Back in the 18th century, the Royal Navy had a problem. We had built one of the greatest navies of all time, but not without meeting several challenges. One of the biggest was beer. Our sailors wanted to drink beer, and the Admiralty wanted to let them have it, but beer did not keep well on long voyages. It could take months to sail to wherever they were heading, and in hot climates the beer went flat and sour.
The importance of beer was clear to the Admiralty: for example, ships stationed in the English Channel had a ration of one gallon of beer per man per day which was fine in our cooler climate, although it does make you wonder how you would climb to the top of the yard arm after your daily ration! Or what you would do if stuck in the crow's nest for a long period of time! Nonetheless, it was the long voyages out into the tropics that were the problem.
Then in 1772, Henry Pelham, who was Secretary to the Commissioner of Victualling, suggested that brewers should simmer away most of the water from the wort. Then at sea, the sailors could add water to it and let the beer stand in order to gain "proper spirit and briskness". The following year, Captain Cook reported that this worked quite well in cooler climates. However, in hotter areas the beer went off.
Part of the problem for troops stationed in India, and colonists there, was the long voyages and the fluctuations in temperature. Ships sailed from London between November and the beginning of February and arrived in India between March and May, avoiding the monsoon season. Hogsheads were stored in the bottom of the hull where it was coolest, and for the first few weeks the temperature of the water was around 52°. At the equator they rose to 81° then rounded the Cape of Good Hope where they were about 67°, in the southern Indian Ocean climbed to 73°, and then up to as much as 86° as the ships continued northward. That was too much for the brewery suppliers to handle.
Early shipments of beers to India were often the bottled porters which were favourites here, but arrived flat, sour, and musty. One solution that was tried was to uncork the porters and let them go flat, then re-cork them, and the rocking motion of the ship should give them a second carbonation and "briskness" by the time they arrived. However, the beers still lacked shelf life, and in the Indian heat the dark ales of London were not so acceptable.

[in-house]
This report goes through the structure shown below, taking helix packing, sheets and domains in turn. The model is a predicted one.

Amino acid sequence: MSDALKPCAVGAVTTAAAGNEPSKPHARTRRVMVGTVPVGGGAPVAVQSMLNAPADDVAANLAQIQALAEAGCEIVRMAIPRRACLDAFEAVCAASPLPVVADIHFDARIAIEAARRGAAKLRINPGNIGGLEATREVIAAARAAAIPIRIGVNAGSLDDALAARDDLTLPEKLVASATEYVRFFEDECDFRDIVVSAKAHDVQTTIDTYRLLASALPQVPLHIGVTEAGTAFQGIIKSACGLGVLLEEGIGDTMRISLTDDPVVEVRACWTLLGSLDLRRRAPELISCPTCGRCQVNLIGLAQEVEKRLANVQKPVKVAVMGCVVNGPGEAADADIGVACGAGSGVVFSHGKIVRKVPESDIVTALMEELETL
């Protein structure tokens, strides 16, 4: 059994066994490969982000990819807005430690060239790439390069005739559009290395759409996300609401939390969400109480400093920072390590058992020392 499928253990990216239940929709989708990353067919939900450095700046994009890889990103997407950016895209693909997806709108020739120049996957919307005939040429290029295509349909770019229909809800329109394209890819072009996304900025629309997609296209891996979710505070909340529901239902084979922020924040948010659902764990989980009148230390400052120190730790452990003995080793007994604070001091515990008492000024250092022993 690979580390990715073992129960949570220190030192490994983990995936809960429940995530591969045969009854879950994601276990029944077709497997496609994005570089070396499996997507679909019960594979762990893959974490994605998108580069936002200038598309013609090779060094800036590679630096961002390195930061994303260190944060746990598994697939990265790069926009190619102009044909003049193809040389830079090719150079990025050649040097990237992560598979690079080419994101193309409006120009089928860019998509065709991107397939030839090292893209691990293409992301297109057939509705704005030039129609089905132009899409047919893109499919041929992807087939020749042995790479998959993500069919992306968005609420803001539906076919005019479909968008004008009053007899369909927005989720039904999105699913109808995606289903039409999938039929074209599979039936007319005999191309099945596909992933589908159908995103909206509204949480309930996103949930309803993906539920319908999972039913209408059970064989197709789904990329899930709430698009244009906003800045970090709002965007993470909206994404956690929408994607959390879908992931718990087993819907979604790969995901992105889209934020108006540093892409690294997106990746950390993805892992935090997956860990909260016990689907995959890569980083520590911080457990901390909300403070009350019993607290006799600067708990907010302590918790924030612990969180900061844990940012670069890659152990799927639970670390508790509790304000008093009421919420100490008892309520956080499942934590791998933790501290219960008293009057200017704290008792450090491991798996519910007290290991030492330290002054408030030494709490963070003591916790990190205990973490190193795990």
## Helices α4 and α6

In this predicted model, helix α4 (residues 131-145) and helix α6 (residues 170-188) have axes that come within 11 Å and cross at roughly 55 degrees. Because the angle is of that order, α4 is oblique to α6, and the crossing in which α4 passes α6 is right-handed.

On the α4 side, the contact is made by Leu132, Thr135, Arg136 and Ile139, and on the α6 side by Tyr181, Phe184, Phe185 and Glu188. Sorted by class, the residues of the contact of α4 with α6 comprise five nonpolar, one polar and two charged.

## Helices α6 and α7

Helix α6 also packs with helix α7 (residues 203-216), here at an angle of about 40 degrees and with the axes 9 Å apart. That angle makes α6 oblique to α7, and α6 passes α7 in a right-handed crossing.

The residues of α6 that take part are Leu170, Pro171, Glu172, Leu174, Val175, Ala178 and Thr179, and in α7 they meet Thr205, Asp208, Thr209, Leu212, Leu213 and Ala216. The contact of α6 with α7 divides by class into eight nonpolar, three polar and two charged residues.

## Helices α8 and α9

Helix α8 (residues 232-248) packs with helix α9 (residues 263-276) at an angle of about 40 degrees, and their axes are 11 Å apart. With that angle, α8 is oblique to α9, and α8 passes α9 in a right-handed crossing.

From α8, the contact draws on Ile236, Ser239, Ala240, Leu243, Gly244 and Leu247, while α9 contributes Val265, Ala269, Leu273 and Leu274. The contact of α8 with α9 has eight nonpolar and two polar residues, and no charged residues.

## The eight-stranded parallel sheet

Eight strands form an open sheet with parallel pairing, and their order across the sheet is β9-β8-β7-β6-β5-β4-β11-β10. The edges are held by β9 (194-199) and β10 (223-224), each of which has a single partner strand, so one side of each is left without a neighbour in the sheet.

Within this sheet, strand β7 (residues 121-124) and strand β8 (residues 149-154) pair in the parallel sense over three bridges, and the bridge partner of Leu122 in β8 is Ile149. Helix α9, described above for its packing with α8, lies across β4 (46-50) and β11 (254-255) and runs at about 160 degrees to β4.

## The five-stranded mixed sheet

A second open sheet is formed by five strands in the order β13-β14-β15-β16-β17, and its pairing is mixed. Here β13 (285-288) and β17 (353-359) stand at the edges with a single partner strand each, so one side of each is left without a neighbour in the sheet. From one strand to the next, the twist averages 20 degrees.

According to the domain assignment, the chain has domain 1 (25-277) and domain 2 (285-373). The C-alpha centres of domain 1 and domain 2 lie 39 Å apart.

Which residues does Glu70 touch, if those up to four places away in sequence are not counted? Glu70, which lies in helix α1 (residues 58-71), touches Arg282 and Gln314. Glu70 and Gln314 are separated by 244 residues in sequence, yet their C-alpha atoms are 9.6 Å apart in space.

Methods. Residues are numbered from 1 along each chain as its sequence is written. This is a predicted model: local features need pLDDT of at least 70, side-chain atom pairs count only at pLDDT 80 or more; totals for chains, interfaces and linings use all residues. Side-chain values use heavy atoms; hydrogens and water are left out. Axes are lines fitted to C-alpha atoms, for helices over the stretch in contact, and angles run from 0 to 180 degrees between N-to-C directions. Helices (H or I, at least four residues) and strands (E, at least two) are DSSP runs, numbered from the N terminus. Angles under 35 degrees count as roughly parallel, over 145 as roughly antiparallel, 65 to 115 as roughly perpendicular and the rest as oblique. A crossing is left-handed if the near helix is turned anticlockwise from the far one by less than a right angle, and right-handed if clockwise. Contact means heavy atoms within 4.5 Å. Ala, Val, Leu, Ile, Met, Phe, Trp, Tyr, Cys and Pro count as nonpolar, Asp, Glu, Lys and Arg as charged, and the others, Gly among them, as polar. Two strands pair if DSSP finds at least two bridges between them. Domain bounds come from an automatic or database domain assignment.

However, brewery suppliers still kept trying to crack the Indian market. This was because of the profit margins. The shipping costs to India were the same as London to Edinburgh, and the high value of Indian spices and silks on the return journey made it worthwhile.
Then George Hodgson of the Bow Brewery in London had an idea in the 1790's. He had been producing the copper coloured pale ales for 40 years, which were called pale because, rather obviously, they were lighter than the dark brown or black porters and stouts. By increasing the alcohol content and the hop content he could give the beers a longer life because the high alcohol stopped microbes multiplying, and the increased hops inhibited the growth of lactobacillus. He took his pale ales and increased the hop content considerable, adding more grain and sugar, to produce a high alcohol beer. The high priming rate helped to keep the yeast alive during the voyage. He called it Hodgson's India Ale.
The Indian market grew rapidly. In 1750 just 1,480 barrels left England for India, and in 1775 this grew to 1,680. In 1800, 9,000 barrels were exported. Other breweries wanted a share of the market, but Hodgson could see them off by price fixing. When they tried to export, he would flood the market with beers driving the price down so that a competitor would lose money. Then the next year he would limit exports, driving the price back up again and wiping out any losses from the previous year. He also started his own import business in India, driving out the middle men there.
The story goes on, but that was how IPA began life.